Date of Award
Doctor of Philosophy
Educational Psychology & Research
Hip-hop has been shown to be a significant force of identity, knowledge, and cultural development, particularly for Black youth (Brown, 2009; Emdin, 2010; Hill, 2009; Love, 2012). Building on research surrounding identity and knowledge development within hip-hop, this Black/hip-hop feminist research study seeks to understand the role that hip-hop plays in the lives, identity and personal epistemology of Black adolescent girls. The following research questions guided this study: (1) What role does hip-hop (i.e., rap, dance, and graffiti) play in the lives of Black girls? (2) How does hip-hop inform racial and gendered identity for Black girls? (3) How do Black girls negotiate their racial and gender identities through hip-hop? (4) How does hip-hop inform Black girls personal epistemologies and worldviews? 6 Black girls from an urban city in the mid-southern region of the United States participated in this study. Semi-structured interviews, non-participant observations, and researcher journals were collected and analyzed using thematic analysis (Saldana, 2016) to understand how these cultural mechanisms influence identity, worldview, and knowledge for Black girls. Results showed the following themes: hip-hop as a coping mechanism, hip-hop as a critique of hegemonic ideologies of Blackness and Black girl/womanness, hip-hop as community, and hip-hop as negotiating knowledges. This research study demonstrates the importance of hip-hop in promoting resiliency, challenging/critiquing/creating racial and gender identities, and using hip-hop as a community for learning. This study also demonstrates the importance of identity development in the epistemic process.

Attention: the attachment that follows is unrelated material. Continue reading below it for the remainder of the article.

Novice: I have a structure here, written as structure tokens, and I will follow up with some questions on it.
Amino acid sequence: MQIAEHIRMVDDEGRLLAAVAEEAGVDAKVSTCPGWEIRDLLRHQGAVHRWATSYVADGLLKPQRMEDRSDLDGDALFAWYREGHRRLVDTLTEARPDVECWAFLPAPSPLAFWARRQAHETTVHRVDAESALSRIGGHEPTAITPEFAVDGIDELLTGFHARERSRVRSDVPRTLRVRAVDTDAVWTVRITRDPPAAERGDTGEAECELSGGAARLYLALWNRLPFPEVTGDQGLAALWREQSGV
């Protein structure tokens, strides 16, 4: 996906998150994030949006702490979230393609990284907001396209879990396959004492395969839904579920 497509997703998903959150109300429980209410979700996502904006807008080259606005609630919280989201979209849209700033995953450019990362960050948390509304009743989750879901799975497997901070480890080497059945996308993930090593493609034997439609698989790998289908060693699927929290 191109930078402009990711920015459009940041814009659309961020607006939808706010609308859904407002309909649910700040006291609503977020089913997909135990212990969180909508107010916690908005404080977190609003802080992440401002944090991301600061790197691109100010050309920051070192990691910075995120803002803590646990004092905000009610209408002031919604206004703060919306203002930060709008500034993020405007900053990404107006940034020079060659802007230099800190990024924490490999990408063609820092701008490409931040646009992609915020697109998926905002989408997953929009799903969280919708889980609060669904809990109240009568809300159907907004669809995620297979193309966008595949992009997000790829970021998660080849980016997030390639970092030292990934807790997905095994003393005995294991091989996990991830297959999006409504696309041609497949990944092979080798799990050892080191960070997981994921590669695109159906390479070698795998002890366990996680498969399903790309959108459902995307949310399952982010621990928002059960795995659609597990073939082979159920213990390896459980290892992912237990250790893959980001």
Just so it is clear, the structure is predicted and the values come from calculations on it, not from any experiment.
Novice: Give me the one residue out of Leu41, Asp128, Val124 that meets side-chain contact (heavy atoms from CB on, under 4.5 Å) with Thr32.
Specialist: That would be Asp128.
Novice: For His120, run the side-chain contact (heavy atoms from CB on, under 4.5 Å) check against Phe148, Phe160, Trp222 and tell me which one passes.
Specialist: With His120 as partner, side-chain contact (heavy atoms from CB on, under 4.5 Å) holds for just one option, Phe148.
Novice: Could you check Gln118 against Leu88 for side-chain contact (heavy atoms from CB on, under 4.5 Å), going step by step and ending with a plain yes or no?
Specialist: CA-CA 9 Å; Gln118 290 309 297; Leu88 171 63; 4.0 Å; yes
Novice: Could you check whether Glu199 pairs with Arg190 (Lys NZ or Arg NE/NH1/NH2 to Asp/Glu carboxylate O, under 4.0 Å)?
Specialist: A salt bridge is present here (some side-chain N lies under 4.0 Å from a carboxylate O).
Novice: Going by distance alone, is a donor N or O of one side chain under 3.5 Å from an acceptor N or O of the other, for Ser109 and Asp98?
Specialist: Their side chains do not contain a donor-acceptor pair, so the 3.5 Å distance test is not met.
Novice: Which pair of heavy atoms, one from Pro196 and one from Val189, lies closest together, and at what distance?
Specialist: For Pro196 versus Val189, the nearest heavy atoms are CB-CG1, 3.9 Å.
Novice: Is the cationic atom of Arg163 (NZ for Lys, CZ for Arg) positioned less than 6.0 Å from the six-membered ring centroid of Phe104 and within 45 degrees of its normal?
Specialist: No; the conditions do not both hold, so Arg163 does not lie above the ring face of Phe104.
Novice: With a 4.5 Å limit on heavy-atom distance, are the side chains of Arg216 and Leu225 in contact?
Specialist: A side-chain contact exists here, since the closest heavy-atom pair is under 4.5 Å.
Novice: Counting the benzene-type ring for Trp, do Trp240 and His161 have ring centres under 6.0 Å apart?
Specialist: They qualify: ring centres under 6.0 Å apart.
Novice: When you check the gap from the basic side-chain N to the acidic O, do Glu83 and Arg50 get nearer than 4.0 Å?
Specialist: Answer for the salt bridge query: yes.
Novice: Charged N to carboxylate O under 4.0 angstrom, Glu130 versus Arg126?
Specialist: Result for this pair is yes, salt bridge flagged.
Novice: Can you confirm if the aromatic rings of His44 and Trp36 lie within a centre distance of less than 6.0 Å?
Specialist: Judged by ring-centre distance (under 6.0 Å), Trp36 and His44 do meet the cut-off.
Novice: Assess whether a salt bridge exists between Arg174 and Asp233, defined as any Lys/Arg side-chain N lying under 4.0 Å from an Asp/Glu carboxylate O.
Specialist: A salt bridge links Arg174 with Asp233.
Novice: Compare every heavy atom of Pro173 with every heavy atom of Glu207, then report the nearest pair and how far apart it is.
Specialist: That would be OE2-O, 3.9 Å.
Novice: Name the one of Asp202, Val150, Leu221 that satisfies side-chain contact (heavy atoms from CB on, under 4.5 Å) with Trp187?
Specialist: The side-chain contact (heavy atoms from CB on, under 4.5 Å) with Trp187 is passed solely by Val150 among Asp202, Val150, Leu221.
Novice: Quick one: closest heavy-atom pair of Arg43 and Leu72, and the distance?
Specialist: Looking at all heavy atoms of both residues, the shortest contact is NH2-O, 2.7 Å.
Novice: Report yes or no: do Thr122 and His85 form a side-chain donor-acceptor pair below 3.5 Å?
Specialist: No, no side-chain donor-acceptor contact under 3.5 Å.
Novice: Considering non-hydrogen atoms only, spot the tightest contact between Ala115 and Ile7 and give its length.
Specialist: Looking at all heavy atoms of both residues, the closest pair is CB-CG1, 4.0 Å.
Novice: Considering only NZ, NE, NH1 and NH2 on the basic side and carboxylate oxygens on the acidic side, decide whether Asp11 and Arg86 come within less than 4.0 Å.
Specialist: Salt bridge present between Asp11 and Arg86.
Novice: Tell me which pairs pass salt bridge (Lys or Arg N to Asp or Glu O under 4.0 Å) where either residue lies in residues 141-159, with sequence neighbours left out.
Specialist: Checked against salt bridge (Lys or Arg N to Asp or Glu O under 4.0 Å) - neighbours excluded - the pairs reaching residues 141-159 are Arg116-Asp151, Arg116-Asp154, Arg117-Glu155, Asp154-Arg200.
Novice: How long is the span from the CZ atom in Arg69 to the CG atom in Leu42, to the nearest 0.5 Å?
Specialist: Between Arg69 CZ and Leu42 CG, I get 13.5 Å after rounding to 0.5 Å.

Dissertation or thesis originally submitted to the local University of Memphis Electronic Theses & dissertation (ETD) Repository.
Payne, Ashley Nicole, ""Can You Hear Me Now?": The Role of Hip-Hop in the Identity and Personal Epistemology of Black Girls" (2018). Electronic Theses and Dissertations. 1897.